Become Part of an Orphan’s Story: One Mom’s Experience
April 7, 2015

My family and I adopted our third daughter from China in 2006.  We received her referral when she was 10 months old.  With her referral, we received two pictures of her taken at 5-months old. Two pictures of her face, and they were already 5 months old.  What did she look like now?  What was she like?  Like every good (obsessive!?) adoptive parent, I did my research. I spent hours combing through other adoptive families websites and blogs, I came up with lists and lists of questions that I planned to ask about our daughter when we got to China.  I. Was. Prepared. 

Carlson 1By the time we received all of our approvals, and travel arrangements had been made, our daughter was 13-months old. 3 months had passed since we had seen those two pictures of that adorable little 5-month old face.  That little face was now 8 months older.  What did she look like? Would we recognize her? What was she like? We had dreamed of that little face for months. But it was ok. I went to China fully and completely prepared, armed with lists of questions about her, hoping that the director or nannies had found it in their hearts to bring extra pictures of my sweet girl to fill in some of the holes of those first 13 months of her life

Carlson 2Now imagine this: we walked into the civil affairs building with 12 other families in our travel group, all of us ready to meet our new babies! 13 families total, including moms and dads, new siblings, grandparents, travel guides, translators, and orphanage directors and nannies.  Our daughter was the only baby from her particular orphanage.  The other babies there came from different orphanages all throughout this province.  Crying babies everywhere! Crying families everywhere. Chaos doesn’t even begin to describe that room we were in, waiting to meet our new daughter.  We were one of the very last families called from our group to come meet our new baby girl.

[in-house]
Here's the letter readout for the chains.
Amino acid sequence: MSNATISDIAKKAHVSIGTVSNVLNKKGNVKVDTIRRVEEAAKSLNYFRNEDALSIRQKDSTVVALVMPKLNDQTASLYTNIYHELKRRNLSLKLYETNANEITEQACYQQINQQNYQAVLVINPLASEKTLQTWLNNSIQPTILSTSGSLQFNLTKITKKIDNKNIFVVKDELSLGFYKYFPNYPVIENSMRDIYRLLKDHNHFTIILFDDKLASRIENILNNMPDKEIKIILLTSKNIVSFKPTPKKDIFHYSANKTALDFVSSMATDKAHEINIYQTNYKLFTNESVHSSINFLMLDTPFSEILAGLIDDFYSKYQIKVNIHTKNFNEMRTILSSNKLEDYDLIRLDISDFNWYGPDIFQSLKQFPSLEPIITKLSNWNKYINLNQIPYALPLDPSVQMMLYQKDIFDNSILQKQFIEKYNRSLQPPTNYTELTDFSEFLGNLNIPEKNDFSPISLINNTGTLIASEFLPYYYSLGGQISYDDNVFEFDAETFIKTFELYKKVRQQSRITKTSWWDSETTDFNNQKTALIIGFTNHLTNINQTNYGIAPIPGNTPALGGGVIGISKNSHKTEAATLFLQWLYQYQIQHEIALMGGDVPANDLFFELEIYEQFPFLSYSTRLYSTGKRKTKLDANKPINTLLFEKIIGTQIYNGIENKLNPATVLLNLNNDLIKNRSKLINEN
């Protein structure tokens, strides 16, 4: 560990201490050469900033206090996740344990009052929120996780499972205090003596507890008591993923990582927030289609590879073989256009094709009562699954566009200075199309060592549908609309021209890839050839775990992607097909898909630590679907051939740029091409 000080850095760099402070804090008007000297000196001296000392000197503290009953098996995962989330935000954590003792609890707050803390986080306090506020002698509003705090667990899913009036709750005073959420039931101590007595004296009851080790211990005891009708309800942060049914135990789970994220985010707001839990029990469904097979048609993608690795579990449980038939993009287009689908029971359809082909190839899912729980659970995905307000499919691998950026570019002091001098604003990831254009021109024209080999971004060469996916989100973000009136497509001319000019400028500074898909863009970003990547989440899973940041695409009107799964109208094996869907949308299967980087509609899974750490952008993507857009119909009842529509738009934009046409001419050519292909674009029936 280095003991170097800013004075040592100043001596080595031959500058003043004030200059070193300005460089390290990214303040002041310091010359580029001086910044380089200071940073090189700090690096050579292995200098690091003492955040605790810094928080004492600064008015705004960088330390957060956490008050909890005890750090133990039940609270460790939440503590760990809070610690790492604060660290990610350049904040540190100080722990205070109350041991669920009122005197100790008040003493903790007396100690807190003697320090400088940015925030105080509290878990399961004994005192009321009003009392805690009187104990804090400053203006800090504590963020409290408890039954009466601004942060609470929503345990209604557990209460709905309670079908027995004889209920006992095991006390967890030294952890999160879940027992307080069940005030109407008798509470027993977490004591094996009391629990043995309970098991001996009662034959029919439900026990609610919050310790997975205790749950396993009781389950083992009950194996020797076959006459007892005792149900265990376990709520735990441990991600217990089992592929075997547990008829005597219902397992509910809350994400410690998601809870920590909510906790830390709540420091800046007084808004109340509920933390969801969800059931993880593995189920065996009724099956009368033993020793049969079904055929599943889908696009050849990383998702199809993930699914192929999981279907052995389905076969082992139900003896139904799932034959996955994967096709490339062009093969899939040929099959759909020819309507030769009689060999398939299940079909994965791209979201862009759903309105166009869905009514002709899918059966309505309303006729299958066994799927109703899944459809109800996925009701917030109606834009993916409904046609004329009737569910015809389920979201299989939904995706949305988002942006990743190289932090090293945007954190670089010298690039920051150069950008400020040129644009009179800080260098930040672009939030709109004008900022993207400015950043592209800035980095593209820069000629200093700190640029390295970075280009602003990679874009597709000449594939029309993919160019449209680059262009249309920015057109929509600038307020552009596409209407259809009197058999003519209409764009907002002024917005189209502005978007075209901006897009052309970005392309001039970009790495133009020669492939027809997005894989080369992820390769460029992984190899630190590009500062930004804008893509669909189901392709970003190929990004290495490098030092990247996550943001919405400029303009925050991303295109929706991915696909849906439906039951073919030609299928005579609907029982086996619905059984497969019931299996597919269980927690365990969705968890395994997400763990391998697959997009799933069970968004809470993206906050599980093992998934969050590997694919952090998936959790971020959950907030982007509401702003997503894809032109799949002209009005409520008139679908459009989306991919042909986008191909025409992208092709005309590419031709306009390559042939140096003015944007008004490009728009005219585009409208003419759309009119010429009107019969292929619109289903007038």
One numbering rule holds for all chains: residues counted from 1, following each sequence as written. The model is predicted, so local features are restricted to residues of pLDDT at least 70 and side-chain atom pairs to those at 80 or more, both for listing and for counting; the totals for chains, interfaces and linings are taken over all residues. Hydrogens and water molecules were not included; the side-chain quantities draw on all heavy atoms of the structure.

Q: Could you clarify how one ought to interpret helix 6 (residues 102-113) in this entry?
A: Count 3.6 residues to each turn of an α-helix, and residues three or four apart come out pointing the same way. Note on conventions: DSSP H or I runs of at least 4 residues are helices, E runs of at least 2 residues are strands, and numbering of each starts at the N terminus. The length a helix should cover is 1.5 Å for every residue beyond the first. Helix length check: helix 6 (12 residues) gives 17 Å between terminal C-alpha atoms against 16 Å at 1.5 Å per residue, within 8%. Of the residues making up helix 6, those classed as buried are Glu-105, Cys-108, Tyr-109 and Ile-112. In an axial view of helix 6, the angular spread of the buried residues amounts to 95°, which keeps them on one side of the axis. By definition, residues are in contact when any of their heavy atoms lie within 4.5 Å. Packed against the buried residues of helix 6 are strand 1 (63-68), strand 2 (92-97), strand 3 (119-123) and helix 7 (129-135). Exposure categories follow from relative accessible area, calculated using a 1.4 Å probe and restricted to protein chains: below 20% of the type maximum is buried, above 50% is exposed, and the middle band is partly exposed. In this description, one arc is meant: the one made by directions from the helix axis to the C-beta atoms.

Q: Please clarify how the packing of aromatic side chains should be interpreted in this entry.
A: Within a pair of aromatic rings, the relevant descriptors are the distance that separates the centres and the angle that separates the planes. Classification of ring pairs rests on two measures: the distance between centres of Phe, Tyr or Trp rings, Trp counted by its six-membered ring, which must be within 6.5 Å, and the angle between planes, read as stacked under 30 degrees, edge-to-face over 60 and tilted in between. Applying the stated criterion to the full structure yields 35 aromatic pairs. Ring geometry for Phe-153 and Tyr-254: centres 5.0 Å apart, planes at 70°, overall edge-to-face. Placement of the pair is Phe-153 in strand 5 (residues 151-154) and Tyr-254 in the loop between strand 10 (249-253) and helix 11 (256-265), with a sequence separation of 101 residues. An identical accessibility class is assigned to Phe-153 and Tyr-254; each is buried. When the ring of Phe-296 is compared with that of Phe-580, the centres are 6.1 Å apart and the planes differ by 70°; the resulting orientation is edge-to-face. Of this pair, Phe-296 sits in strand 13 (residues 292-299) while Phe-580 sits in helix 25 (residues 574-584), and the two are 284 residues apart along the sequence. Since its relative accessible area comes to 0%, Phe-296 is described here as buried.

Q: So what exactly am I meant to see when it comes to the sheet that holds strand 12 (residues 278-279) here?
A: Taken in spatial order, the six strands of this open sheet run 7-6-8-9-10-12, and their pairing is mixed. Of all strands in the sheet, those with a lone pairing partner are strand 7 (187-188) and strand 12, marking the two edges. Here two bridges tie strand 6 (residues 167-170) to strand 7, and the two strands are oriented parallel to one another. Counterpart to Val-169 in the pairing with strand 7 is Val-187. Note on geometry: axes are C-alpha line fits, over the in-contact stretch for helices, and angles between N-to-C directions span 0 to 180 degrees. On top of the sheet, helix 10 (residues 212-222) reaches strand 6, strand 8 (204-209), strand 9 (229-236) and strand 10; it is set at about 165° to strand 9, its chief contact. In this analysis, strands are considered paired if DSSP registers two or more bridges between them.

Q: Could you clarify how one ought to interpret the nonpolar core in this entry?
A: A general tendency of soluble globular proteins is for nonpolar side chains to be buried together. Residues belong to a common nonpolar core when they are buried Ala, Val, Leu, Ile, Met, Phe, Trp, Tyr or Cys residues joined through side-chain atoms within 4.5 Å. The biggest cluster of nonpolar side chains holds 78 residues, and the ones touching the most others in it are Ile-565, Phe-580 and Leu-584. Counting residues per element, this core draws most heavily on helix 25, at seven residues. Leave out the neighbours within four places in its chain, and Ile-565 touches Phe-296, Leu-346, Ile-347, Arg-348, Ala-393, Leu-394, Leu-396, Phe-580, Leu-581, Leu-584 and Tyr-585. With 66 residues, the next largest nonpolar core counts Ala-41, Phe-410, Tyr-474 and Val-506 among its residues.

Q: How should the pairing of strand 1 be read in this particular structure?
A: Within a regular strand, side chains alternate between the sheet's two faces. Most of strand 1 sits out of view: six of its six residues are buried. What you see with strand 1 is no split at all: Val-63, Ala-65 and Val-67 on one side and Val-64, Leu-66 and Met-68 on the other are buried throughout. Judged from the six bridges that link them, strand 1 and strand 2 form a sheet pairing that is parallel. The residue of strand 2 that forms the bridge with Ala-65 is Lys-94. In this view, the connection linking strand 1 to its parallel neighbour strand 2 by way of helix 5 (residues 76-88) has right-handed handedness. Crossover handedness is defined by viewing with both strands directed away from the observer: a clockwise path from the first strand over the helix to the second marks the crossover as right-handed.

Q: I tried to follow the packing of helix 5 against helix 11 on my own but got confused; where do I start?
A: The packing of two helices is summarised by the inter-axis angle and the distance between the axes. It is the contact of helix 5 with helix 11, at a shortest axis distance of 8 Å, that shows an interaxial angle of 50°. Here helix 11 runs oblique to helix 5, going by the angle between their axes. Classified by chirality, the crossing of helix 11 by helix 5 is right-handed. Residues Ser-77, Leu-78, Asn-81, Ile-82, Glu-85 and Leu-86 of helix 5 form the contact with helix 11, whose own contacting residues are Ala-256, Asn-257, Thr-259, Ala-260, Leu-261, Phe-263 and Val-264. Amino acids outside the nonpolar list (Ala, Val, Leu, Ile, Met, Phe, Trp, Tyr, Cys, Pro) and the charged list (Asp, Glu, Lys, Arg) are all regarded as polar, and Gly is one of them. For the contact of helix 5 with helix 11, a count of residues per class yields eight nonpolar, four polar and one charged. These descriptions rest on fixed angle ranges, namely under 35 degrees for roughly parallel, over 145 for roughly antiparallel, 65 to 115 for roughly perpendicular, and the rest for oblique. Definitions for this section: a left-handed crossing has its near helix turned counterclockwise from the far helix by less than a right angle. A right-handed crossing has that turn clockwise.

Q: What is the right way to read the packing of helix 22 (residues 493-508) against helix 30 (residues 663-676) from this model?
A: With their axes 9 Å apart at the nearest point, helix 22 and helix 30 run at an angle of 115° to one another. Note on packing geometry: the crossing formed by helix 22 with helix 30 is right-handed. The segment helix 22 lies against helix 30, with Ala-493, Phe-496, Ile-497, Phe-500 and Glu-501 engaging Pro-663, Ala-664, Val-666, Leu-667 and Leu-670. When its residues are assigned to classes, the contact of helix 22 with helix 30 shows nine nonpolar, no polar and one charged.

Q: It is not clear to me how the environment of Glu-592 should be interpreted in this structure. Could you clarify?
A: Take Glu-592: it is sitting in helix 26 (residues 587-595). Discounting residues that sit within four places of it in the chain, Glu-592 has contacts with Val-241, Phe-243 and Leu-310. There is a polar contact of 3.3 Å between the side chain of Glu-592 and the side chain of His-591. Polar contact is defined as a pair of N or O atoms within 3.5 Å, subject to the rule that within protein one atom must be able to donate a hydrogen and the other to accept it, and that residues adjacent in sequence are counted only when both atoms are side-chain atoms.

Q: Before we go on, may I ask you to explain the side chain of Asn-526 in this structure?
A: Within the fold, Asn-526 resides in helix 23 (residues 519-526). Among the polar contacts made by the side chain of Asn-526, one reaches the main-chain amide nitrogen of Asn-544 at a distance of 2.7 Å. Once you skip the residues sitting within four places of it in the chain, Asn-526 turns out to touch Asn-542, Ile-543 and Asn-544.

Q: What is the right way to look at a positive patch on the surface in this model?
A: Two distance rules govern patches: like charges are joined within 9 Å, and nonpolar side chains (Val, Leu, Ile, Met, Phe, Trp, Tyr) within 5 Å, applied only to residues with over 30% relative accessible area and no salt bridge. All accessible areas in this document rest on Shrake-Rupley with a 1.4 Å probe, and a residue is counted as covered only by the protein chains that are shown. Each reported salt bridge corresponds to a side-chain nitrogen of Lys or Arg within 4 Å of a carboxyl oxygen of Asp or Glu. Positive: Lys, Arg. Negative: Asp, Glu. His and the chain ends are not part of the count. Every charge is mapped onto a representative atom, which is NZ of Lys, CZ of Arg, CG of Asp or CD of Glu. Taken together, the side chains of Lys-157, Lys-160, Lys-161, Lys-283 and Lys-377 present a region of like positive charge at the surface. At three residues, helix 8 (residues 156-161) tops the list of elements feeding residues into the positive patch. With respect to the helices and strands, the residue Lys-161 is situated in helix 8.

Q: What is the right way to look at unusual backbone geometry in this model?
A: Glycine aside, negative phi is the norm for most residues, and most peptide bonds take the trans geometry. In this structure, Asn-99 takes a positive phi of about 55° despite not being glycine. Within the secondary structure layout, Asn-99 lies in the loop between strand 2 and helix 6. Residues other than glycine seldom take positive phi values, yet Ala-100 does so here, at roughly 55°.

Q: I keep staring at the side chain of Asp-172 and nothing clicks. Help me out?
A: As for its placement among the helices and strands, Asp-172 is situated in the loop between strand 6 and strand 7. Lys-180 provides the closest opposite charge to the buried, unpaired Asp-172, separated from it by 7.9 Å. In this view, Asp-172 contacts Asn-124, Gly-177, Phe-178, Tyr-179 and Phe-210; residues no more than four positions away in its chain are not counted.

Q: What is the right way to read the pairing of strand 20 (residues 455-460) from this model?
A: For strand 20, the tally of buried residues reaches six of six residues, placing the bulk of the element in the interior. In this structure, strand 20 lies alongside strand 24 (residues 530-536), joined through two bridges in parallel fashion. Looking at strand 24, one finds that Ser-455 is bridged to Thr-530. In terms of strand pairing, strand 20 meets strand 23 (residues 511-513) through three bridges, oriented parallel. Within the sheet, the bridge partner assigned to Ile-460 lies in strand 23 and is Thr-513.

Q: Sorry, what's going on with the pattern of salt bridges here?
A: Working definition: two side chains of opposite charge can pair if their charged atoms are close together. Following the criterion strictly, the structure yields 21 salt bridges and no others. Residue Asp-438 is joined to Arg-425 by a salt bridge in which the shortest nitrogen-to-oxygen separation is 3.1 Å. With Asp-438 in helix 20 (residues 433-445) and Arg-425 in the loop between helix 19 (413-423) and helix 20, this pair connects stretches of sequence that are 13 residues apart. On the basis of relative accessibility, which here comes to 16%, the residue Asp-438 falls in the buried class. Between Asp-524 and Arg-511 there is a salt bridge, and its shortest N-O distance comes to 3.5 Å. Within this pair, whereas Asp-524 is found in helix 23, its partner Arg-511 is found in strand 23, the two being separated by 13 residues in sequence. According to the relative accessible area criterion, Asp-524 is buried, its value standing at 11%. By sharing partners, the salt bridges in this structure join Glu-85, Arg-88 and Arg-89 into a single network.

Our youngest son, who had been the baby of the family up until that moment, stood off to the side, not sure what to think of becoming “middle child”. I was concerned for him. Our oldest daughter cried and sobbed tears of joy at finally meeting the baby sister she had longed and prayed and waited for. I was concerned for her. And then they handed me the sweetest little bundle of joy I had longed and waited for. She took one look at us and the tears started.  Now I was concerned for not one, not two, but for all 3 of my children! I kissed her, I hugged my kids, and I looked at my husband in disbelief. Who had time to think about a list of questions?  And then our guide yelled out to this chaotic room, “Okay families, we must go. Grab your belongings, let’s go.” Wait what? I had questions! I needed to know some things. There were 13 months of a life that were a mystery to me. And we walked out the door.

Carlson 3
We spent that first night getting to know our new daughter, but I knew there were questions I still didn’t have answers for.  It was okay, there was more paperwork the next day, and we would meet with some of her orphanage staff again.  The next day we arrived at another civil affairs office, and once again I was armed with my list of questions.  And once again, 13 families, 13 new crying babies, extended family members, and lots of orphanage officials.  I didn’t even know which officials were from my daughters’ orphanage.